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March 6, 2020
This week, the Texas Supreme Court did not release any opinions or grant any Petitions for Review or Mandamus.
Check back with us next week for any newly released orders or opinions.
February 14, 2020
This week the Texas Supreme Court has issued one grant and no opinions.
On March 25, 2020, the Court will hear oral arguments in W&T Offshore Inc. v. Wesley Fredieu from the 14th Court of Appeals in Houston. This oil-platform-injury case involves an employee who was leased out to the Respondent and was injured while stationed on the Respondent’s off-shore drilling rig. The Court will address three main issues. First, it will consider whether an employee’s status as a borrowed-employee is a question of fact for the jury to decide, or rather, a legal determination for the court. Second, it will consider whether the disputed fact issues pertaining to the borrowed-employee status precludes the trial court from substituting its determination for the jury’s as a matter of law. Third, it will determine whether there is enough supporting evidence to uphold the jury’s finding that the worker was not a borrowed employee.
January 31, 2020
This week the Texas Supreme Court has issued eight opinions and no grants. This blog discusses two of these opinions, which provide guidance on several important issues.
First, in In re Fox River Real Estate Holdings Inc. et al., the Texas Supreme Court addressed which mandatory venue provision prevails when there is a conflict between two sections. Here, the two sections were section 15.020 and section 65.023(a) of the Texas Civil Practice and Remedies Code. Under section 15.020, pre-litigation agreements regarding venue should be enforced in “major transactions.” However, section 65.023(a) states that venue is where the defendant is domiciled.
This case involved a lawsuit regarding wrongful disposition of a limited partnership’s assets. The plaintiffs in this case were a group of limited partners from Metropolitan Water Company, L.P., and they sued to permanently remove the general partner and owner of Metropolitan Water Company, L.P., for misappropriating assets and breaching his fiduciary duties owned to the partnership. The plaintiff’s sought damages exceeding $1 million. Prior to the suit, the parties had a written agreement that provided if disputes arose from the agreement venue would be in Harris County. The lawsuit was brought in Washington County because that is where the defendants were domiciled. The defendant moved to transfer venue to Harris County. The trial court granted the transfer, and the Court of Appeals affirmed this decision.
The Texas Supreme Court held that the trial court did not abuse its discretion by transferring the case to Harris County, the venue which was agreed upon by the parties. The court reasoned that section 15.020 of the Texas Civil Practice and Remedies Code prevailed over section 65.023(a) because section 65.023 only applies in cases where injunctive relief is the “primary and principal relief requested,” which was not the case in this suit.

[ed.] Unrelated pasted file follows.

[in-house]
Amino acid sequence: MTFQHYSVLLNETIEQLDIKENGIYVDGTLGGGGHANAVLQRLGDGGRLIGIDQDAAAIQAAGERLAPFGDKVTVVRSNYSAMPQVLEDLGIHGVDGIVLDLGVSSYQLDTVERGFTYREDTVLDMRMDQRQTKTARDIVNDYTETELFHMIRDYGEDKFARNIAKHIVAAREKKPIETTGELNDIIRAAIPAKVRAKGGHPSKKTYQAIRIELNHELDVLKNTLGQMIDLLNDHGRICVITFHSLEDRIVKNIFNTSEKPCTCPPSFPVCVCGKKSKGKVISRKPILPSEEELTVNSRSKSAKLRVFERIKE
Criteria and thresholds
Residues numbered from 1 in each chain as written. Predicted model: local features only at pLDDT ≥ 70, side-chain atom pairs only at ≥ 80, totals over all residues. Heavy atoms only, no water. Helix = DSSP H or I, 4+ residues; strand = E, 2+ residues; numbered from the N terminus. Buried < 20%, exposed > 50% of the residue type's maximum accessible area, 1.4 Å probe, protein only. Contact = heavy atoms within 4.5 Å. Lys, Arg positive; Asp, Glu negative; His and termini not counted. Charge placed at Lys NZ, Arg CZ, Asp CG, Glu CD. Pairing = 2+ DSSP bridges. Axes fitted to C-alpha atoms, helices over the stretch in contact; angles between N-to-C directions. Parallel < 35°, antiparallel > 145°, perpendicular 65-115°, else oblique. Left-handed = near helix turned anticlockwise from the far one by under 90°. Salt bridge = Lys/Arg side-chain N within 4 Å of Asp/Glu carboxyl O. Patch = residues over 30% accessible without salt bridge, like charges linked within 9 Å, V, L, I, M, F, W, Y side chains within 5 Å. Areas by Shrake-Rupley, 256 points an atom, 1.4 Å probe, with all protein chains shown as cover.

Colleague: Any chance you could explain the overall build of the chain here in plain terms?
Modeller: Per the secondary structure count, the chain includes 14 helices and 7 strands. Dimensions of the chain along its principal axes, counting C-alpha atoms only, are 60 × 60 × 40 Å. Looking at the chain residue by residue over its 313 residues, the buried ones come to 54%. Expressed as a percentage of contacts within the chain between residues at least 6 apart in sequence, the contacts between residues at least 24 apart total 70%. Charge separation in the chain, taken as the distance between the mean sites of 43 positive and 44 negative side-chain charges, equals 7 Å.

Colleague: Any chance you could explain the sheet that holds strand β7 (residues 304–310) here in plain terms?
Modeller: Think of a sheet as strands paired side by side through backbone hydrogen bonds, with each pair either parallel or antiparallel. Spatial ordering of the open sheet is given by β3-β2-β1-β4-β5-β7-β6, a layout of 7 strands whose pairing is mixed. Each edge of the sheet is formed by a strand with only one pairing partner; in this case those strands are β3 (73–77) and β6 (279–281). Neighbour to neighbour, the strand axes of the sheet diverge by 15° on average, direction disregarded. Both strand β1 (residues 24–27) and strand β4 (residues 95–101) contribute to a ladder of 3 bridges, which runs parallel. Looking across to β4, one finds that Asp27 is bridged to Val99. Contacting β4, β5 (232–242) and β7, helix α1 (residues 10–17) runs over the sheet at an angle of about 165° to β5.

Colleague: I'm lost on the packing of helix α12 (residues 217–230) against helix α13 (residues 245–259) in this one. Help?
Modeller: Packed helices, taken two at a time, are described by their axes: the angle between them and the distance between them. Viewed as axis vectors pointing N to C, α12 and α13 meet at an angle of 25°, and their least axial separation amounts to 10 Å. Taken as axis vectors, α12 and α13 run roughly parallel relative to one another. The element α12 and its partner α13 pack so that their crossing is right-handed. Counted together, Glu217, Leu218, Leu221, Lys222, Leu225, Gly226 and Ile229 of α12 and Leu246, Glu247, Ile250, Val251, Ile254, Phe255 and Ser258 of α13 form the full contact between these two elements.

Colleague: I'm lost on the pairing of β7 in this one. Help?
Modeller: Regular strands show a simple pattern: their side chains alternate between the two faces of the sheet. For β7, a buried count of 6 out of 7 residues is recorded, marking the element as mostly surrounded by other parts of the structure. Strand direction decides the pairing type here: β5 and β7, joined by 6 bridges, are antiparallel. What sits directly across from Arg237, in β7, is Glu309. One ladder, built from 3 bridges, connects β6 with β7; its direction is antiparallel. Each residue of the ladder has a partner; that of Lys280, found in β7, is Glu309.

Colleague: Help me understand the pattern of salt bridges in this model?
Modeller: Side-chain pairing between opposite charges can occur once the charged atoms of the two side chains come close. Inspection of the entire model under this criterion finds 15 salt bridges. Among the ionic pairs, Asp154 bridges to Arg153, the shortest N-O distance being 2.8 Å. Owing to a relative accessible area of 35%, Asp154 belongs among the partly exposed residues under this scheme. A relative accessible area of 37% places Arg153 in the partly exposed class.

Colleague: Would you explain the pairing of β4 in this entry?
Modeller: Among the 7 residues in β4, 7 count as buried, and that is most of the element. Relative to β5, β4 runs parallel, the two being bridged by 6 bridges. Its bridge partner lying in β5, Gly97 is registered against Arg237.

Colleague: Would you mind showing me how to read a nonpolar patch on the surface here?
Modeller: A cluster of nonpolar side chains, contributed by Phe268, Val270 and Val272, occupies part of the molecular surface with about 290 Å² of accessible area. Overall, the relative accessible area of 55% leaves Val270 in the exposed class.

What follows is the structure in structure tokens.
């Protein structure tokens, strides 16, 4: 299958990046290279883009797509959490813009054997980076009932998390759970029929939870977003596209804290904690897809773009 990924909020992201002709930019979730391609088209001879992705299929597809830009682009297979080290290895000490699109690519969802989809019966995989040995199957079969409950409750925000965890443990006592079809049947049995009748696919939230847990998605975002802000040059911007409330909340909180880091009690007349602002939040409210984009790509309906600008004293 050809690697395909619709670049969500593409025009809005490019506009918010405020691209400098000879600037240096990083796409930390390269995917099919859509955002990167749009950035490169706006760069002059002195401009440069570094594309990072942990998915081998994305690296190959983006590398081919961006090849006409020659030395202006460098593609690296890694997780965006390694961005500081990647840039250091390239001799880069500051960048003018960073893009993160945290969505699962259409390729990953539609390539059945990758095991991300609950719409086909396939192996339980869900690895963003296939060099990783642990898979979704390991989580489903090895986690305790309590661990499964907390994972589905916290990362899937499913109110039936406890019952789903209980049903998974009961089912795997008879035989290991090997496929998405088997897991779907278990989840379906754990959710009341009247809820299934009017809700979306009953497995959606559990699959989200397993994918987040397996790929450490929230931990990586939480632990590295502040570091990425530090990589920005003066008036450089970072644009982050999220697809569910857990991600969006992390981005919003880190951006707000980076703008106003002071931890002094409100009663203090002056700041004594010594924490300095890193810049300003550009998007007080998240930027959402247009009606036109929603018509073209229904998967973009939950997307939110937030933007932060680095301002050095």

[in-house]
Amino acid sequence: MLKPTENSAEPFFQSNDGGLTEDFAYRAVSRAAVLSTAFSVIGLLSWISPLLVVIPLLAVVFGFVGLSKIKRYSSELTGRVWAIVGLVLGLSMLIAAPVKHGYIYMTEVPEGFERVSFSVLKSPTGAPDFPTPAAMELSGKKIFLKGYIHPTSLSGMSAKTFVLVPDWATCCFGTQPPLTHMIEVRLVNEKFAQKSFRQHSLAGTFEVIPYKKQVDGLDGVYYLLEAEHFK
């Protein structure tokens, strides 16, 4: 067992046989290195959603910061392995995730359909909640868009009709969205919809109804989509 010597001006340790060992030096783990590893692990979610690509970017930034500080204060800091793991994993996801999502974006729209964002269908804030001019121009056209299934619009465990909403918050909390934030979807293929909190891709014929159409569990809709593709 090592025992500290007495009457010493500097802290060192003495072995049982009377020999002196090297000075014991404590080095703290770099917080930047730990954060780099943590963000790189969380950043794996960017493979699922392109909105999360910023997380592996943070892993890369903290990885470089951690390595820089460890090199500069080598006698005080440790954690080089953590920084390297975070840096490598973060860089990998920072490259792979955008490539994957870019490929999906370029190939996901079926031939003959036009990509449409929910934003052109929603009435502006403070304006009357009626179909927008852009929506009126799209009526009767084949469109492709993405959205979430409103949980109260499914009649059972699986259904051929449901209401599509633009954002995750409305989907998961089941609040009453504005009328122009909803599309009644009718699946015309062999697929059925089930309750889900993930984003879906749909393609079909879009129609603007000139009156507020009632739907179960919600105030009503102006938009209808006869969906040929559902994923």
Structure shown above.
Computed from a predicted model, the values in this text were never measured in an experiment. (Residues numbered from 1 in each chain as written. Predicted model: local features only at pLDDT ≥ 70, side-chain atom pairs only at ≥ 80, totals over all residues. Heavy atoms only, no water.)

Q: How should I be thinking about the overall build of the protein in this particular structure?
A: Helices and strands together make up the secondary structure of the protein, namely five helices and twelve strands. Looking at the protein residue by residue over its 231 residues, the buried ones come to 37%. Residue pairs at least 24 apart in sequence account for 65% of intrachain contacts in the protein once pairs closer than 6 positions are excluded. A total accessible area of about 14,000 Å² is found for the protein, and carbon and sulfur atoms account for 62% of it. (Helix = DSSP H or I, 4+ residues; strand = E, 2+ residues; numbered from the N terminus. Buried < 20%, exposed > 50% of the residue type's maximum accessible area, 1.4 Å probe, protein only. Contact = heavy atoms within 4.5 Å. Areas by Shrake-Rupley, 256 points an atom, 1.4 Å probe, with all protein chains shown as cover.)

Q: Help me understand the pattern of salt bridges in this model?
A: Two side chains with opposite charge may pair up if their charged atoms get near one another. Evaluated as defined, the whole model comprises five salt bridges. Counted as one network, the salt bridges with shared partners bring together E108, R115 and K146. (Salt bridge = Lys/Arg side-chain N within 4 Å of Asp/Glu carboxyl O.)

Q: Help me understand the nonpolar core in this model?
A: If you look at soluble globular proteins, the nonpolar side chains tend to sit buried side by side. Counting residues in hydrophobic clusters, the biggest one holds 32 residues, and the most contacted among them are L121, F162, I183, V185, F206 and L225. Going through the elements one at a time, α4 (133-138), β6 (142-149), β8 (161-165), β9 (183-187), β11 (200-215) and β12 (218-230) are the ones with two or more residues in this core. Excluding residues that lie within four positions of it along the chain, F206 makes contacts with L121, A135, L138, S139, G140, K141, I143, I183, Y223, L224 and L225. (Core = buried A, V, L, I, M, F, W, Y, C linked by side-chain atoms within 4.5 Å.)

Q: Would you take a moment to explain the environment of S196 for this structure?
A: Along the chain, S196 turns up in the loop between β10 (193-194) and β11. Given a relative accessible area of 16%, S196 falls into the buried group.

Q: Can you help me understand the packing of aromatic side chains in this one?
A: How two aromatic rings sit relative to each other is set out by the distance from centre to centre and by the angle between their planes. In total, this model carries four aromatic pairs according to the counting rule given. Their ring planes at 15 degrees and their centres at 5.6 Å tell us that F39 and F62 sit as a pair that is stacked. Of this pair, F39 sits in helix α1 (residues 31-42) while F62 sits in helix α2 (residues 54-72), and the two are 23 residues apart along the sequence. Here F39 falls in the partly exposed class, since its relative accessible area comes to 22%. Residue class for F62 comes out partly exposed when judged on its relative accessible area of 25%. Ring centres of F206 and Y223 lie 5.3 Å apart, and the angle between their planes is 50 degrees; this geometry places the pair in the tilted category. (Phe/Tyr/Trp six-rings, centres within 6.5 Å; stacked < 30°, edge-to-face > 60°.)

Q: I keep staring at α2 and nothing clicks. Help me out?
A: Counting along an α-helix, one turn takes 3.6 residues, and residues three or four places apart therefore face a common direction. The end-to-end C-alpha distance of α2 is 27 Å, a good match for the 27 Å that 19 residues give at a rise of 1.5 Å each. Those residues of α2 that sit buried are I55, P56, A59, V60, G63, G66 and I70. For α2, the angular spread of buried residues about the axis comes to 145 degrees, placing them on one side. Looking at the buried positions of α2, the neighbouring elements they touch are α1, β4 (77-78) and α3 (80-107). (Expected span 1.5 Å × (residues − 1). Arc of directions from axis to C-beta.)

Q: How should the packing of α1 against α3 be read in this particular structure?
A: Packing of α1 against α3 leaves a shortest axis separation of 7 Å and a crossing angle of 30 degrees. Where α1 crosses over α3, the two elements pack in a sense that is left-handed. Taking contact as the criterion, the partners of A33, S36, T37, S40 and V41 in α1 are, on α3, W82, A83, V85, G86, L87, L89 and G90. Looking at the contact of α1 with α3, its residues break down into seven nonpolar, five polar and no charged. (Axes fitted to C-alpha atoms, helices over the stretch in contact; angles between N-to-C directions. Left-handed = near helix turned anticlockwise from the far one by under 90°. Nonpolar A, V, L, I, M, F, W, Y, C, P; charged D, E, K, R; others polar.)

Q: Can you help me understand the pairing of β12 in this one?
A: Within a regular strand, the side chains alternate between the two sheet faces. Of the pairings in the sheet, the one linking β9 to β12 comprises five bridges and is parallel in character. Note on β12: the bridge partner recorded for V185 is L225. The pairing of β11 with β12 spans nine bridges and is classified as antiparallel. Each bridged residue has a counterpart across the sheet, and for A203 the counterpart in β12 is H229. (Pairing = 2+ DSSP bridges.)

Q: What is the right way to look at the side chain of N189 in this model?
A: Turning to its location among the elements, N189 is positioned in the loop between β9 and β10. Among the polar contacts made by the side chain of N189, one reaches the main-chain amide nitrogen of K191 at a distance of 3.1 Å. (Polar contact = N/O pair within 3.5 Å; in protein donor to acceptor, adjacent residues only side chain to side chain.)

Next, in Shary Pruski v. Joshua Garcia, the Texas Supreme Court ruled on what the correct standard of tort liability is when a driver collides with an escaped bull on a state highway in a county with a stock law. The Plaintiff in this case, Garcia, was driving his pickup truck on a state highway when he struck and killed a bull, wrecking his truck and injuring himself. The bull had escaped from a broken gate in the fenced pasture owned by Shary Pruski. Garcia sued Pruski claiming that he negligently failed to keep the bull within a fenced area and failed to prevent him from wandering on the highway. Garcia relied on section 143.074 of the Texas Agriculture Code which states in counties that have enacted stock laws, like the one at issue here, “a person may not permit any animal of the class mentioned in the [stock law] proclamation to run at large in the county.” Tex. Agric. Code. §143.074. However, the trial court granted summary judgment in favor of Pruski following a different section of the Agriculture Code. Under section 143.102, owners of certain livestock “may not knowingly permit the animal to reverse or roam at large, unattended, on the right-of-way of a highway.” Id. § 143.102. This section is violated only when the owner knowingly permits livestock to run at large.
The court of appeals disagreed with the trial court’s ruling and applied section 143.074 which does not require the livestock owner’s “knowing” mental state. On review, the Texas Supreme Court first analyzed the different standards of civil liability presented by each party. The core issue was whether there is a “knowing” standard that must be applied. The Court ultimately relied on an additional section in the Agriculture Code which provided guidance as to which standard prevails. The Legislature decided that section 143.102, including its heightened mental-state component, “prevails to the extent of any conflict with another provision of this chapter.” Id. §143.107 The Court concluded that section 143.102 of the Agriculture Code provides the only applicable standard of civil liability for this claim. Based on that, Garcia failed to raise a genuine issue of material fact as to whether Pruski knowingly permitted his livestock to run at large. Thus, the judgment of the court of appeals was reversed in part, and summary judgment for the defendant was reinstated on all claims.